US v. Robert Jardin, et al.

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US v. Robert Jardin, et al.

   
 
   

Odometer Tampering Case: CLOSED CASES 11/22/05

Most Recent Update: 3/05 (See end of document)

United States v. Robert Jardin, Bruce Jardine, and Dennis Jardine,
Crim. No. 04-219 (E.D. Pennsylvania); United States v. Dean Jardine,
Crim. No. 04-080 (E.D. Pennsylvania)

Update 12/04:

Earlier this year, the United States Department of Justice and the
National Highway Traffic Safety Administration (NHTSA) Odometer Fraud
Task Force concluded an investigation in New Jersey, Connecticut, and
Pennsylvania involving the sale of used motor vehicles with altered
odometers. The investigation originated in Connecticut, when inspectors
with the Connecticut Department of Motor Vehicles, acting on information
received from the Southington Police Department, developed evidence
of a large-scale odometer rollback scheme. The investigation disclosed
that numerous vehicles had been subject to odometer tampering.

The Federal odometer law, Title 49, United States Code, sections 32701-32711
(formerly the Motor Vehicle Information and Cost Savings Act, Title
15, United States Code, sections 1981-1991) prohibits disconnecting,
resetting, or altering a motor vehicle's odometer with intent to change
the number of miles on the odometer. The law requires that a written
disclosure of the mileage registered on an odometer be provided by the
seller to the purchaser at the time ownership of a vehicle is transferred.
If the odometer mileage is incorrect, the Act requires a statement to
that effect to be furnished in written form to the buyer.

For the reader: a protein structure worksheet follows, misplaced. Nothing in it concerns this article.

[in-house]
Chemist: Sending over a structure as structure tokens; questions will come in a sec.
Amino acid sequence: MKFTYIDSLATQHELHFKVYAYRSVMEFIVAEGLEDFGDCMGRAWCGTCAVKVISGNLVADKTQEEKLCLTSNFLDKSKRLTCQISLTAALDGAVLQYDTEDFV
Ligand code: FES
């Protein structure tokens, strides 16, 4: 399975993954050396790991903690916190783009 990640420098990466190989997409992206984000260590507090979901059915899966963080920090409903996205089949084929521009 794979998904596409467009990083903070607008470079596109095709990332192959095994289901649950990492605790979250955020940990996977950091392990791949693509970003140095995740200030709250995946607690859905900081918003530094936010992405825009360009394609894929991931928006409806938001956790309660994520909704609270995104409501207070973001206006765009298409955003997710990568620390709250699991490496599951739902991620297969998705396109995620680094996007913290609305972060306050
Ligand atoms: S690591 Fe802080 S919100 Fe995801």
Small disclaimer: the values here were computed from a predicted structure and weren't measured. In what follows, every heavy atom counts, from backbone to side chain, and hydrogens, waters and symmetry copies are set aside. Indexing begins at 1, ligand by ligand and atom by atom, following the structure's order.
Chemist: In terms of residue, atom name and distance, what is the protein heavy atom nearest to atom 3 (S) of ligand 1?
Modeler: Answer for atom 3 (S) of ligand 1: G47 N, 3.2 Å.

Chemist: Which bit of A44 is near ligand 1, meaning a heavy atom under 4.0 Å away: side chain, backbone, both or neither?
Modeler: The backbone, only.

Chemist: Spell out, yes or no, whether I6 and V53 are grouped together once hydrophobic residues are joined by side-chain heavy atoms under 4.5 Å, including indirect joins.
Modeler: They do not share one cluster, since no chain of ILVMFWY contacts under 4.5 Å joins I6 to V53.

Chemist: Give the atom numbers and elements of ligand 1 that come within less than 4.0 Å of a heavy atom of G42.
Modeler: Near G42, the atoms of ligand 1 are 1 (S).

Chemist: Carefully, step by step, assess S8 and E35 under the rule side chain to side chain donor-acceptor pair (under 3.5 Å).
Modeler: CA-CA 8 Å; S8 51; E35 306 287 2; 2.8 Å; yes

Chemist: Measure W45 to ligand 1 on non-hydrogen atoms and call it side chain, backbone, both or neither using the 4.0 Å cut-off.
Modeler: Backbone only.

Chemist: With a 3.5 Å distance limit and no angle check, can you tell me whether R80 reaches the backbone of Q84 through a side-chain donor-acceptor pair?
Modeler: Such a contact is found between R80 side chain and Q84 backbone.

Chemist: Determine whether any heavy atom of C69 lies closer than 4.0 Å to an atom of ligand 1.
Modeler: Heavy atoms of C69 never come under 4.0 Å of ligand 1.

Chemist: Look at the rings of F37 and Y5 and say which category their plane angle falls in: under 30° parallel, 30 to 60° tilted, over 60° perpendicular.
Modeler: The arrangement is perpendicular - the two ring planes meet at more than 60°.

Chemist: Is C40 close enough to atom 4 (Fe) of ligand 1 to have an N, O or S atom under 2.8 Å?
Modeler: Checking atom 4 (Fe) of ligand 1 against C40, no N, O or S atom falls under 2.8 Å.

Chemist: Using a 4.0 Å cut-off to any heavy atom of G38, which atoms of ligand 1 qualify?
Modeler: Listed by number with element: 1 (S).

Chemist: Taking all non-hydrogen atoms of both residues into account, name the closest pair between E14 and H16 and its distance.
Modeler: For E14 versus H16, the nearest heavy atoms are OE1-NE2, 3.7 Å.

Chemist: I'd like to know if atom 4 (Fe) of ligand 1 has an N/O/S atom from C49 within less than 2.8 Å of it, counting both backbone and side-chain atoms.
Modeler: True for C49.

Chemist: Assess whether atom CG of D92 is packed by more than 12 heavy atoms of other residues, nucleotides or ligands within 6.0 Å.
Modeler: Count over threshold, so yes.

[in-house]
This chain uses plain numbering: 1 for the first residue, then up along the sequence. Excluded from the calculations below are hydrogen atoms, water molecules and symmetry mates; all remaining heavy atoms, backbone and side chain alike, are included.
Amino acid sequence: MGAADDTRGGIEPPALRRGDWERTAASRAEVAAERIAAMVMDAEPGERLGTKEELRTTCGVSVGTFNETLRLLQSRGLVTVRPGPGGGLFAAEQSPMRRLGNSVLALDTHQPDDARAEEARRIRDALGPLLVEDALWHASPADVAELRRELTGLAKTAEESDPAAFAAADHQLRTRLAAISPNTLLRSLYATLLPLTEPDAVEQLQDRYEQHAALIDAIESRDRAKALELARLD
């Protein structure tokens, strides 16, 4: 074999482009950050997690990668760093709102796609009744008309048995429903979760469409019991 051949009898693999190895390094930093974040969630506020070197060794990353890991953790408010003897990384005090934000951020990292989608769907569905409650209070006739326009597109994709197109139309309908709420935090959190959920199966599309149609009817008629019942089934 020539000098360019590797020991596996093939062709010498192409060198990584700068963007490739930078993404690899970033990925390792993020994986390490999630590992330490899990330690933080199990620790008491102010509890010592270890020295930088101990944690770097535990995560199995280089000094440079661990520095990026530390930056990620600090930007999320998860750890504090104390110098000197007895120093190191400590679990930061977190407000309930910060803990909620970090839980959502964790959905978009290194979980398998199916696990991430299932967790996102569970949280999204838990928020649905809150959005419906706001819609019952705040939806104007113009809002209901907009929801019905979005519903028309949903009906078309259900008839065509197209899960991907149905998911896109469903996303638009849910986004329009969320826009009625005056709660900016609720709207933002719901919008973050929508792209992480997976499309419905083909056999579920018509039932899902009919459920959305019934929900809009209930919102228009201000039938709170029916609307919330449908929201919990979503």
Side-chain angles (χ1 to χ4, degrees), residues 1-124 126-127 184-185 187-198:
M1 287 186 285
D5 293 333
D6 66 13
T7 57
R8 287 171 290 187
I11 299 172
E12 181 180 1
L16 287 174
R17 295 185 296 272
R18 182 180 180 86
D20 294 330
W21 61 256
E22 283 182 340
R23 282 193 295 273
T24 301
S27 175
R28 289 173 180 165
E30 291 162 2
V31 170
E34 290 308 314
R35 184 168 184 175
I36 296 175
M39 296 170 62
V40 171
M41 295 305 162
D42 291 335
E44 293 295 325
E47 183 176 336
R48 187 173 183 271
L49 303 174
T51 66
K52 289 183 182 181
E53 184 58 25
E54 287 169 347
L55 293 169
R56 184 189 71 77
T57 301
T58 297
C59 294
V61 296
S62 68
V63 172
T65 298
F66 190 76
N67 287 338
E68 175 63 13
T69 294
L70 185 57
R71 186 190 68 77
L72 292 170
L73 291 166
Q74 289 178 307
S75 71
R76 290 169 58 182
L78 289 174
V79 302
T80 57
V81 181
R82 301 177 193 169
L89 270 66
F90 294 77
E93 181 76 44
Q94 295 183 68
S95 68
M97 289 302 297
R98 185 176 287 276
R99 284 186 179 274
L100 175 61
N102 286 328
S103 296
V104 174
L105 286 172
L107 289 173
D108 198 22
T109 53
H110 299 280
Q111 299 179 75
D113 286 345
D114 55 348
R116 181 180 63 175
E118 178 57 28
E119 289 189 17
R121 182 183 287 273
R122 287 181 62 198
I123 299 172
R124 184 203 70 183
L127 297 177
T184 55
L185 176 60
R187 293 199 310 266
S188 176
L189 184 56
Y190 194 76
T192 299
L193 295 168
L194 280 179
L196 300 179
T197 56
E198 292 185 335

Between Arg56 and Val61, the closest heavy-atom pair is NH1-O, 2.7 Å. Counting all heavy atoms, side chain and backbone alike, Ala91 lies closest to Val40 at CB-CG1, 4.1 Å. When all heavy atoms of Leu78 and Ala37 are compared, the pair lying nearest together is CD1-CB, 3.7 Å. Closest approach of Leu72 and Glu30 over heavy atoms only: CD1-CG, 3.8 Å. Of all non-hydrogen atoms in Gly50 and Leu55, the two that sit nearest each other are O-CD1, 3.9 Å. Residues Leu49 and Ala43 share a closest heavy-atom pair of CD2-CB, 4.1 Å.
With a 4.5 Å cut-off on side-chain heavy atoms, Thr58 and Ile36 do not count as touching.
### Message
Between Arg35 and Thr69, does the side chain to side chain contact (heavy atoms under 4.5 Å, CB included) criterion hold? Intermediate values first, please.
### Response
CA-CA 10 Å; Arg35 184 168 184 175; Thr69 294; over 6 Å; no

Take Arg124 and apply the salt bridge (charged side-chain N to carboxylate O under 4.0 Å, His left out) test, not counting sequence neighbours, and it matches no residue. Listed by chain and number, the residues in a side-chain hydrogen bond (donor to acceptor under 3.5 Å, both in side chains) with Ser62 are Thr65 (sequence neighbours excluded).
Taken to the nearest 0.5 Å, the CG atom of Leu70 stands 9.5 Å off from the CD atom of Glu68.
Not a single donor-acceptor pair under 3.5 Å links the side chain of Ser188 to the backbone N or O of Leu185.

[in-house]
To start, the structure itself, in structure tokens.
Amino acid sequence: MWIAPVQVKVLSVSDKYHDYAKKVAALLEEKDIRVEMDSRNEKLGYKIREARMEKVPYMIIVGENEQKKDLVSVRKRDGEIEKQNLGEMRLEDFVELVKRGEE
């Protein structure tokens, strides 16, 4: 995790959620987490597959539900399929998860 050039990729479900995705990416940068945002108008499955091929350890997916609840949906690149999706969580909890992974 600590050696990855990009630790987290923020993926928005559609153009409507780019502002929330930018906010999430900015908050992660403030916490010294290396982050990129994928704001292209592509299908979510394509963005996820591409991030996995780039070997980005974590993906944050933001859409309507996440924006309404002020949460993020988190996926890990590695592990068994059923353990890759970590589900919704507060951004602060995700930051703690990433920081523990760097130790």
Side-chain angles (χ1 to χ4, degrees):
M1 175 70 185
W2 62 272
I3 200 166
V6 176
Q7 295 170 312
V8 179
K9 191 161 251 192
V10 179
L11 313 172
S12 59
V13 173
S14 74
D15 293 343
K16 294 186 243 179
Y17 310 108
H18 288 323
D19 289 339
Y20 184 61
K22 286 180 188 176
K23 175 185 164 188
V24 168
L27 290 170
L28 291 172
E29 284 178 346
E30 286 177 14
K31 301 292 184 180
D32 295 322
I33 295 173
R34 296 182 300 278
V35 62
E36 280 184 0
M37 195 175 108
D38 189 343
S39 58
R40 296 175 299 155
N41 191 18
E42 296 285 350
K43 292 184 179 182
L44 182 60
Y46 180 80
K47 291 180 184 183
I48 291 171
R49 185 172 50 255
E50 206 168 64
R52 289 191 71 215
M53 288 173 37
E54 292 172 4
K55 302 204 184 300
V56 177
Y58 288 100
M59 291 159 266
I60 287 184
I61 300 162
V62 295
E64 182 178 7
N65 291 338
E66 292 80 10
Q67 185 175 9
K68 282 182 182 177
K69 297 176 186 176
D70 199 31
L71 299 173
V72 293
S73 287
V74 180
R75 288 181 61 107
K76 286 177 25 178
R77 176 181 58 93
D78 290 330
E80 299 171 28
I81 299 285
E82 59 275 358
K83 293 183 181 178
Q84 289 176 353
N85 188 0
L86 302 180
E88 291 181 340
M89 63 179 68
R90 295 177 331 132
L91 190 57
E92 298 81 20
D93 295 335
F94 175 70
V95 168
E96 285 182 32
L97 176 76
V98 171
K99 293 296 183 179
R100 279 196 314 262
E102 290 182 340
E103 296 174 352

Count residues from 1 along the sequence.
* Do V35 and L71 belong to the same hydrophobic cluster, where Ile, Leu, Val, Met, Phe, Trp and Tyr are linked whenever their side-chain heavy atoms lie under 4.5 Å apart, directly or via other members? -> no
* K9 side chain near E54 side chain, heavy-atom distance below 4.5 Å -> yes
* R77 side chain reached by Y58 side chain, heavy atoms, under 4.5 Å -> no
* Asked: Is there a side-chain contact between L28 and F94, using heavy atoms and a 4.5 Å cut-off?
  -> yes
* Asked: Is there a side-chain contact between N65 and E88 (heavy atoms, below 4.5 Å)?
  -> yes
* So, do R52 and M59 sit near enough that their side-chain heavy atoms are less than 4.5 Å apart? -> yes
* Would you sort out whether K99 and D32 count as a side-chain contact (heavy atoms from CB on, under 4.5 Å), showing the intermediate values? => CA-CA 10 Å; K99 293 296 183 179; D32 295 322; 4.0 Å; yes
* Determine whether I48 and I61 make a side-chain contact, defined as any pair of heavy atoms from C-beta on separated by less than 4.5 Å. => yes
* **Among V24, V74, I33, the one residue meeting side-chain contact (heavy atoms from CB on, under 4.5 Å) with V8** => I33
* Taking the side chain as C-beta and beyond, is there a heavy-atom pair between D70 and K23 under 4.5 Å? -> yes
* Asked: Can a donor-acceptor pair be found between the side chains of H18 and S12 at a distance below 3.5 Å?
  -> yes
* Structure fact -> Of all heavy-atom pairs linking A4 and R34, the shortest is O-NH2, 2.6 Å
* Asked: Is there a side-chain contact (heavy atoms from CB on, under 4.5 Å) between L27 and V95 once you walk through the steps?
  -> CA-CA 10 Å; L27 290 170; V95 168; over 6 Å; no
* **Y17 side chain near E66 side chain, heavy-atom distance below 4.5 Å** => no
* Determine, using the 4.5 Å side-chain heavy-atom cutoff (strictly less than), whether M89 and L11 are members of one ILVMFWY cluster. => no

As a result of the investigation, on September 9, 2004, a Philadelphia
grand jury indicted Bruce Jardine, Robert Jardine, and Dennis Jardine,
all of New Jersey, on various counts related to the odometer fraud scheme.
The indictment alleged that the brothers purchased high miles vehicles,
rolled back the odometers, and sold them at Manheim Auto Auction in
Manheim, Pennsylvania under the names Bridgewater Rental & Leasing and
Whitehouse Rental & Leasing.

On December 6, 2004, the three brothers pled guilty to several counts
of the Indictment before Judge Schiller in U.S. District Court for the
Eastern District of Pennsylvania. The brothers admitted that they had
sold rolled-back vehicles at the auction while representing that the
false mileage readings were true. A fourth Jardine brother involved
in the scheme, Dean Jardine, had previously pled guilty before Judge
Surrick.

The court set a March 11, 2005 sentencing date for Bruce, Robert, and
Dennis Jardine. Sentencing for Dean Jardine has not yet been scheduled.

If you believe that you are a victim of odometer fraud, please refer
to the following document: Odometer
Fraud – Civil Remedies for Victims
.

Update 1/3/05:

Sentencing for Dean Jardine (United States v. Dean Jardine, Crim. No.
04-080) has been set for 2 p.m. on January 25, 2005. The sentencing
will be before Judge R. Barclay Surrick at the United States Courthouse,
601 Market Street, Philadelphia.

Update 1/26/05:

On January 25, 2005, the Court sentenced Dean Jardine to 4 months'
imprisonment and an additional 6 months' home confinement. Jardine also
was ordered to pay $60,000 in victim restitution at a rate of $300 per
month.

Update 3/11/05:

On March 11, 2005, the Court sentenced Bruce, Robert, and Dennis Jardine.
Bruce Jardine was sentenced to 18 months' imprisonment and 3 years of
supervised release. He also was ordered to pay $608,000 in victim restitution
and a $36,000 fine, at a total rate of $500 per month. Robert Jardine
was sentenced to 19 months in prison and 3 years of supervised release.
He was ordered to pay $280,000 in restitution and a $28,000 fine, also
at a rate of $500 per month. Dennis Jardine was sentenced to 12 months'
imprisonment and 3 years of supervised release. He was ordered to pay
$156,000 restitution at $500 per month. Each of the defendants must
also perform 100 hours of community service.

Under federal law, restitution is ordered without regard to the defendant's
ability to pay such restitution. While the court ordered that a lump
sum be paid in the near future, the court also imposed the schedule
described above, with payments to begin after the defendant in question
serves his time in prison. The probation office of the court will be
administering the restitution order.

 
Topic: 
Consumer Protection
Component: